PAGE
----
Excel VBA, Arrays and Ranges

When modifying worksheets and ranges, one option would be to modify the worksheet directly using the commands I’v explained in the article Referencing Ranges In Excel Using VBA but that would be very inefficient. Every time you read or write something to an excel sheet, you will be consuming considerable resources. A great way to improve your codes efficiency would be to minimize reading and writing to and from the excel sheet by following these steps:

  1. Read all the data you need from the worksheet to an array (using one call).
  2. Make all modifications required to that array.
  3. Print the data from the array to the worksheet (using one call).

In this article I will explain how this can be done.

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Copying Data from a Range to Array:

In this example I will use the sheet below:

Excel Sheet With Data

The code below copies the the data from A2:C11 to an array. For more information about referencing ranges please see Referencing Ranges In Excel Using VBA:

Sub Example1()
'dynamic array
Dim arrValues() As Variant
arrValues = Range(Cells(2, 1), Cells(11, 3))
End Sub

Keep in mind that whenever you copy data from a range to an array (even if the range is a single column) , you will end up with a 2D array. The arrays index will start at “1”.

Common Errors When Copying Data from a Range to an Array:

The array must be declared dynamic. Using a static array will trigger an error. The code below will trigger a Compile Error Can’t Assign to Array Error:

Sub Example2()
'static array
Dim arrValues(1 To 10) As Variant
arrValues = Range(Cells(2, 1), Cells(11, 3))
End Sub

Another thing to keep in mind is that the array’s data type must be declared variant. The code below will trigger a Run-time error ’13’: Type mismatch Error:

Sub Example3()
'string type array
Dim arrValues() As String
arrValues = Range(Cells(2, 1), Cells(11, 3))
End Sub

Processing the Array:

After copying the required data from the range to the array, you can make the required changes to the array. The code below changes the array of variant data type to an array of strings. Although keep in mind that this conversion is not always necessary.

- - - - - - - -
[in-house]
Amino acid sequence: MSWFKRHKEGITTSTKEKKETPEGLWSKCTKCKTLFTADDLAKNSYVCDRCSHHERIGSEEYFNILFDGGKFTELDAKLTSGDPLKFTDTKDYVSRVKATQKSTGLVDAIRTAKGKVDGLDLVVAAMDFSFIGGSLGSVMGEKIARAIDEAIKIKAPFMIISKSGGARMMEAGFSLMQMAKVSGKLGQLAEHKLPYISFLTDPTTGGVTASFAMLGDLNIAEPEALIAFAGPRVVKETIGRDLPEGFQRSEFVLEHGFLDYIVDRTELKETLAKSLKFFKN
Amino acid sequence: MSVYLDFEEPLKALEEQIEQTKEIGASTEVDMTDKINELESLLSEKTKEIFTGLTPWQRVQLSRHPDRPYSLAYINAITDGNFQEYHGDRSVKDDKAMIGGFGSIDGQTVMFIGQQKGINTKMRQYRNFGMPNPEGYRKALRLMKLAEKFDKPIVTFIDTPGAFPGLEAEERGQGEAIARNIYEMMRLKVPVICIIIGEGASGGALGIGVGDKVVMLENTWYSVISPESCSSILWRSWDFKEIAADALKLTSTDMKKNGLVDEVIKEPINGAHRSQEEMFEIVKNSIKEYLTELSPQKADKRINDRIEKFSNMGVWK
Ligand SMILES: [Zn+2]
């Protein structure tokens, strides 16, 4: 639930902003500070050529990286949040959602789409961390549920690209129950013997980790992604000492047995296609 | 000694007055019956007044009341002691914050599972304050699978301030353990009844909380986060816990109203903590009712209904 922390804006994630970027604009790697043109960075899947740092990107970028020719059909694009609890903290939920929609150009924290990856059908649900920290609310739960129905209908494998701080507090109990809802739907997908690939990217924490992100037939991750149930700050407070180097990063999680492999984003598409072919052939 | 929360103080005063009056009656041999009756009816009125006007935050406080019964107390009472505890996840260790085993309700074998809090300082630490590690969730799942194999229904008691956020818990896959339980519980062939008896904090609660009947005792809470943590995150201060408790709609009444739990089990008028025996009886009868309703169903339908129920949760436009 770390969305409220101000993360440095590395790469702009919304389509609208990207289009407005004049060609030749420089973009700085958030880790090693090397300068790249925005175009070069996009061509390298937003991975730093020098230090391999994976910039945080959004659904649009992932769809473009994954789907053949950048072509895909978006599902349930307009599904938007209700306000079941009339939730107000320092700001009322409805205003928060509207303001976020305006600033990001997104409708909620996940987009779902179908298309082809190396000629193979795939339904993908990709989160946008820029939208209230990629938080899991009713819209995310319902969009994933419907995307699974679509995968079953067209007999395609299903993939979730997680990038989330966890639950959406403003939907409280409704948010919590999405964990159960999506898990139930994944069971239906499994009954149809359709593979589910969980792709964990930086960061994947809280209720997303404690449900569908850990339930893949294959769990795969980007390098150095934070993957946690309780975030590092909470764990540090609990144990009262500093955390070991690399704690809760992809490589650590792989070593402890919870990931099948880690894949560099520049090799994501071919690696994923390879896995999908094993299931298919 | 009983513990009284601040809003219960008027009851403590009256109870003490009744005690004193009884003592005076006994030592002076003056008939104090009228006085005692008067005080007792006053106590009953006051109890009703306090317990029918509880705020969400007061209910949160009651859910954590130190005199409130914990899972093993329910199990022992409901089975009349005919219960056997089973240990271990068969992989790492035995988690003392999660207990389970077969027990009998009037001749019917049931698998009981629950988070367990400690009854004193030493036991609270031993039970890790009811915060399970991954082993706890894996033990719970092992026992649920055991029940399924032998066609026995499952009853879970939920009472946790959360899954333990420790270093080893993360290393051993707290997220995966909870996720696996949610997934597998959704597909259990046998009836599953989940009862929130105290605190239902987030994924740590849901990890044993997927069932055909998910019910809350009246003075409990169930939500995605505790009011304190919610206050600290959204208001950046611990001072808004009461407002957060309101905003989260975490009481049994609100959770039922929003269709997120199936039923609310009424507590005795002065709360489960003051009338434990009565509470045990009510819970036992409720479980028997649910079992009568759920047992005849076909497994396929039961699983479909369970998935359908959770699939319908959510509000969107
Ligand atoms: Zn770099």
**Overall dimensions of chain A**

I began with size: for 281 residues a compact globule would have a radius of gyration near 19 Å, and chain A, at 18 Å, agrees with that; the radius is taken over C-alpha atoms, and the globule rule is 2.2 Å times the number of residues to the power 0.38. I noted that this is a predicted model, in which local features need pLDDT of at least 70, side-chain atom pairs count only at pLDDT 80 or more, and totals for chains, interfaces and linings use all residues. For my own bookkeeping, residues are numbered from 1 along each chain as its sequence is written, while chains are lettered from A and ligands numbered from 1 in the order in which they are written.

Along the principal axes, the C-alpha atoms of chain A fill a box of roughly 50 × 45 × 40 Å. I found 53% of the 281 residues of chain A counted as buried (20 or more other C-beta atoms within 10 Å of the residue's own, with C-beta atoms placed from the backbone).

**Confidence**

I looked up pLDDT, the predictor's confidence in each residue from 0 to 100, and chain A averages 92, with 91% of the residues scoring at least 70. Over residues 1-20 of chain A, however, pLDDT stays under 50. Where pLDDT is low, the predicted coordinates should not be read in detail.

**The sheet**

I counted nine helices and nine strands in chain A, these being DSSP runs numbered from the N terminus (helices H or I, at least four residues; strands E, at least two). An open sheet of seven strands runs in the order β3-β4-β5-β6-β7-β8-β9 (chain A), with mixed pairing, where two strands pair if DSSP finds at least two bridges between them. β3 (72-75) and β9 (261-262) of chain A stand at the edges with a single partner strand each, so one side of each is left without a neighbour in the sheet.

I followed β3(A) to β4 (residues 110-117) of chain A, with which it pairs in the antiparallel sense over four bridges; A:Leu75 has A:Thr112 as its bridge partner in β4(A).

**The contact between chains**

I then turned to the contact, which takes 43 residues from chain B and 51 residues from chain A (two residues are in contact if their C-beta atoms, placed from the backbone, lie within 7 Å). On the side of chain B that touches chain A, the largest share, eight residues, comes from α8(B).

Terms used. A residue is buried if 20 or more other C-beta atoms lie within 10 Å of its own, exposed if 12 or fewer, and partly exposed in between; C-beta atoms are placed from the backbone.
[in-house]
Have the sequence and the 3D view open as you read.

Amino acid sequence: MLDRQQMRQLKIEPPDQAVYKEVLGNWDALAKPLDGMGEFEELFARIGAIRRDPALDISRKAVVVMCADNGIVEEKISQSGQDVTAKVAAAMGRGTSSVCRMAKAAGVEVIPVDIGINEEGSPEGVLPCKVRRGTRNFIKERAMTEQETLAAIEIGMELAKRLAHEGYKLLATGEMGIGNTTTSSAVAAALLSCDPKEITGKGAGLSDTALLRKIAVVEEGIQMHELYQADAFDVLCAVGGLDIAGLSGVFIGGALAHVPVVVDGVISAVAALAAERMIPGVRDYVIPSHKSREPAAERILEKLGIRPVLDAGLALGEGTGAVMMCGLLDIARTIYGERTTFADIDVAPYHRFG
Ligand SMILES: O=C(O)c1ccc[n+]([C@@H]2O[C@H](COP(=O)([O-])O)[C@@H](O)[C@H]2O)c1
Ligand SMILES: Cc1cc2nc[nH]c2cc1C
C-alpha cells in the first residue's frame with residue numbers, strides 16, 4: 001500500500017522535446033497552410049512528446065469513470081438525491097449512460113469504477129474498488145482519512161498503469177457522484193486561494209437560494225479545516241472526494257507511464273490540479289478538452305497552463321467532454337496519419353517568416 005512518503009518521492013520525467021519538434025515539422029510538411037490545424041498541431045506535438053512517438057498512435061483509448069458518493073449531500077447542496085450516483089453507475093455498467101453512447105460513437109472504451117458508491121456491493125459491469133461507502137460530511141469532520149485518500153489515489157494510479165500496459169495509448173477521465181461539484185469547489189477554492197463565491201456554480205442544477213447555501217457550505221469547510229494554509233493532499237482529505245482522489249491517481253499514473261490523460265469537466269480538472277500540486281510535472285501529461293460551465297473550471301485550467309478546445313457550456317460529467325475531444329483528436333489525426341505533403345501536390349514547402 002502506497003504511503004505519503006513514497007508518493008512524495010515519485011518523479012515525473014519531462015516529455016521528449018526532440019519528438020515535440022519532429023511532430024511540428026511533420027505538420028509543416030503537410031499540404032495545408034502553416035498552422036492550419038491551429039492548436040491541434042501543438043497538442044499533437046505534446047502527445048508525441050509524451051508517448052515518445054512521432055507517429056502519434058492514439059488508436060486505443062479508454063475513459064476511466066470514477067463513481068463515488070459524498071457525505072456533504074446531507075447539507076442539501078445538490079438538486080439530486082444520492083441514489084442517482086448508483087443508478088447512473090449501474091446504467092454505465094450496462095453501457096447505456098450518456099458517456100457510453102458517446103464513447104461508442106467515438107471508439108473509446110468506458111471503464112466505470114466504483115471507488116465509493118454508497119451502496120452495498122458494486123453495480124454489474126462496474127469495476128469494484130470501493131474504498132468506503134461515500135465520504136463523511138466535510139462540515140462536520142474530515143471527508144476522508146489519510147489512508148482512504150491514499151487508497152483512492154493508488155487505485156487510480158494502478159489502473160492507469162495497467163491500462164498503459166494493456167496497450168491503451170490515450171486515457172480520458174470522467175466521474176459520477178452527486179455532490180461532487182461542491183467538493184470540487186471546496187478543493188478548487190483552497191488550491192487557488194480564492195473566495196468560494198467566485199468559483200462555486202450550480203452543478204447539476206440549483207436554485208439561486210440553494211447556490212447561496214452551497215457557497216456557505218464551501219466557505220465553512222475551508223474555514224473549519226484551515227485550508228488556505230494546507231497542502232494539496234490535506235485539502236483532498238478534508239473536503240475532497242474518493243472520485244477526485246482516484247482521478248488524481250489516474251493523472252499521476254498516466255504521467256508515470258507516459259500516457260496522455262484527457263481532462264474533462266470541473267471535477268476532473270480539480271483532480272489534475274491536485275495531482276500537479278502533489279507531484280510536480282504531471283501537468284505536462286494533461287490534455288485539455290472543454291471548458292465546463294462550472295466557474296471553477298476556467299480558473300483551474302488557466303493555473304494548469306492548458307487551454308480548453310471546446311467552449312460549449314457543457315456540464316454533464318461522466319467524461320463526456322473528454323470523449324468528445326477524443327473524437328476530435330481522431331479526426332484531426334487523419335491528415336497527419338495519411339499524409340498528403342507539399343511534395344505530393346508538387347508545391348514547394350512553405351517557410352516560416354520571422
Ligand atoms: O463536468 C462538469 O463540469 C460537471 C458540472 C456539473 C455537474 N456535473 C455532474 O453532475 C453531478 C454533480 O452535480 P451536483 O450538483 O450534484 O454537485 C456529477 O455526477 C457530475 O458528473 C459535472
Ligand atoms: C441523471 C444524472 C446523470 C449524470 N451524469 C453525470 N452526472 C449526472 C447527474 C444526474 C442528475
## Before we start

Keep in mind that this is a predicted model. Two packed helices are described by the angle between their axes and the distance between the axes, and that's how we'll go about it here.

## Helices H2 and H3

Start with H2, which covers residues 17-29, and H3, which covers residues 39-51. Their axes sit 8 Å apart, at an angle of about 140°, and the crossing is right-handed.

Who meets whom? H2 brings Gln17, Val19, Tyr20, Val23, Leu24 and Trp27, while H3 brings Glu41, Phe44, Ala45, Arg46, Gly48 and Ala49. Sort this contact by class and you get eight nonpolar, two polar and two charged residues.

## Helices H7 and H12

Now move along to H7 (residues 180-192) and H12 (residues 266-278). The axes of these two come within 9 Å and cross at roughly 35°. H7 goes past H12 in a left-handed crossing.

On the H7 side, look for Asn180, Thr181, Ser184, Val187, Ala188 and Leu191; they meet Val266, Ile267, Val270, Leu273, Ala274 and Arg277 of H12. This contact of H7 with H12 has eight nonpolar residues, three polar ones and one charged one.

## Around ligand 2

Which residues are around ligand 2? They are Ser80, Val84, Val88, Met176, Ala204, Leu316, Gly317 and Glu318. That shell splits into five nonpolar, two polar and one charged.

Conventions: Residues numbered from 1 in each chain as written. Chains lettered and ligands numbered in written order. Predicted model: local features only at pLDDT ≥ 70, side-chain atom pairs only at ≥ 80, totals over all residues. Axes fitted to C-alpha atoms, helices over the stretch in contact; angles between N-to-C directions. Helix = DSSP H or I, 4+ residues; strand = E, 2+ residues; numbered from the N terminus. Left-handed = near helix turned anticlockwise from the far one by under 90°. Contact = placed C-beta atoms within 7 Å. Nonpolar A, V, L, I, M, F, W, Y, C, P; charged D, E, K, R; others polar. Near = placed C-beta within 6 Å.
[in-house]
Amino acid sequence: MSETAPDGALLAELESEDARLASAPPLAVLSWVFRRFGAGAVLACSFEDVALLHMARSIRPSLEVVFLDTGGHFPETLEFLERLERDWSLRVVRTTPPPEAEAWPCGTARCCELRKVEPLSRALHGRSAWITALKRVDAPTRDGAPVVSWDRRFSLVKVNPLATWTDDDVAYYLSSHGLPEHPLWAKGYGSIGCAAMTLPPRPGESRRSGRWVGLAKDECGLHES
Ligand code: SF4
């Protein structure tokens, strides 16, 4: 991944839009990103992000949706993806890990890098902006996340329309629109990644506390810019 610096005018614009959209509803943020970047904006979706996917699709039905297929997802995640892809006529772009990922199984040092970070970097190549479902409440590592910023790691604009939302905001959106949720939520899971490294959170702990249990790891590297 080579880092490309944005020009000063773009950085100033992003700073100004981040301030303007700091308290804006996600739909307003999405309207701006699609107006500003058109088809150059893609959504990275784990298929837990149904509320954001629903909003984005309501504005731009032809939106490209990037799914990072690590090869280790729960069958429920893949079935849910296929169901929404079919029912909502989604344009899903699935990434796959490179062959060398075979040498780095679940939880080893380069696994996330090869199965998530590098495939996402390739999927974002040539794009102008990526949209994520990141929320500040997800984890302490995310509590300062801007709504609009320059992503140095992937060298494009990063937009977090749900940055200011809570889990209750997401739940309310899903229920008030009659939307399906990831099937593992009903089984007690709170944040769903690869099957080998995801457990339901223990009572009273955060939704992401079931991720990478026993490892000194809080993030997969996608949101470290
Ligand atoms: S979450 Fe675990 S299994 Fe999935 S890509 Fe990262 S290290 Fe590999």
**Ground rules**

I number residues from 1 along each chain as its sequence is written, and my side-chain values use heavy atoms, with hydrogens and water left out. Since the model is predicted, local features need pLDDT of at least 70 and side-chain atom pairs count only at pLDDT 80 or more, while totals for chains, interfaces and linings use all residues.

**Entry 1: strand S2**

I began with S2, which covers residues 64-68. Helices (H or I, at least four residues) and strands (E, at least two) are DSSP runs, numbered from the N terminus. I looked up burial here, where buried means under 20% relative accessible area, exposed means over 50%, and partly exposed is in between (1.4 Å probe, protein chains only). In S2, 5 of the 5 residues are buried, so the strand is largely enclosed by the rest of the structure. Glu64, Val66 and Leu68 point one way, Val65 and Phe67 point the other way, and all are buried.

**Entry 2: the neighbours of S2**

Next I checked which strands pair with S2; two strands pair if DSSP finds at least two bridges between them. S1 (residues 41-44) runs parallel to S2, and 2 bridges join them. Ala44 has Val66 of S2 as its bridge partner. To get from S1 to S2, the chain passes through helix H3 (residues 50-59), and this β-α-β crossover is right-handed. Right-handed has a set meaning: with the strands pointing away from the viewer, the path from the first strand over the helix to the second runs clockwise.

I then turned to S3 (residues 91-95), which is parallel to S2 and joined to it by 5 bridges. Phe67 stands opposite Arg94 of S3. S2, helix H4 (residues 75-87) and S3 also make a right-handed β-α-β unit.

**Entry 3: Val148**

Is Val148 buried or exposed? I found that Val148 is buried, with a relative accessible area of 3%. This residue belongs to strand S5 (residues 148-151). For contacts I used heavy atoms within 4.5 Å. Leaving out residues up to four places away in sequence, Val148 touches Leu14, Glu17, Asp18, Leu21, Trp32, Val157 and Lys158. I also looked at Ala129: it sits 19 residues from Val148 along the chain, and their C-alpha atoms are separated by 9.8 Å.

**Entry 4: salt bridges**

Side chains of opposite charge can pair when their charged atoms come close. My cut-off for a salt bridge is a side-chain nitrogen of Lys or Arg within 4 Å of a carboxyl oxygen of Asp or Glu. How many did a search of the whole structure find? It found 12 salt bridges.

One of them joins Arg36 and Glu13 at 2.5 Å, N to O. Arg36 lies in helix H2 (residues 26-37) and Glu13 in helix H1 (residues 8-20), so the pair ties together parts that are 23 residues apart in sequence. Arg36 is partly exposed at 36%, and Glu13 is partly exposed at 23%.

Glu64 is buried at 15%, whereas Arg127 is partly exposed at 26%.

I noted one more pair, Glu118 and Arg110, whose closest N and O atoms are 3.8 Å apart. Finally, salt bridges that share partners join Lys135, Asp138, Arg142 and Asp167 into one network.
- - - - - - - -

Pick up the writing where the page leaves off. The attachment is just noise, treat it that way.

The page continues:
Sub example4()
Dim arrValues() As Variant
'the string array
Dim arrStrings() As String
Dim i As Integer
Dim j As Integer

arrValues = Range(Cells(2, 1), Cells(11, 3))
'resising the string array to match the array of values
ReDim arrStrings(1 To UBound(arrValues), 1 To UBound(arrValues, 2))
For i = 1 To UBound(arrValues)
For j = 1 To UBound(arrValues, 2)
arrStrings(i, j) = arrValues(i, j)
Next j
Next i

End Sub

The following code transposes the array of data

Sub example5()
Dim arrValues() As Variant
'the transposed array
Dim arrTransposed() As String
Dim i As Integer
Dim j As Integer

arrValues = Range(Cells(2, 1), Cells(11, 3))
'resising the transposed array to match the array of values
ReDim arrTransposed(1 To UBound(arrValues, 2), 1 To UBound(arrValues))
For i = 1 To UBound(arrValues)
For j = 1 To UBound(arrValues, 2)
arrTransposed(j, i) = arrValues(i, j)
Next j
Next i

End Sub

Copying Array Values to a Worksheet Range:

The code below creates a 10X3 array with the same data as the example above. It then copies the array to the range “A2:C11”. For more information about referencing ranges and working with strings please see Referencing Ranges In Excel Using VBA and VBA Excel String Processing and Manipulation

Sub example6()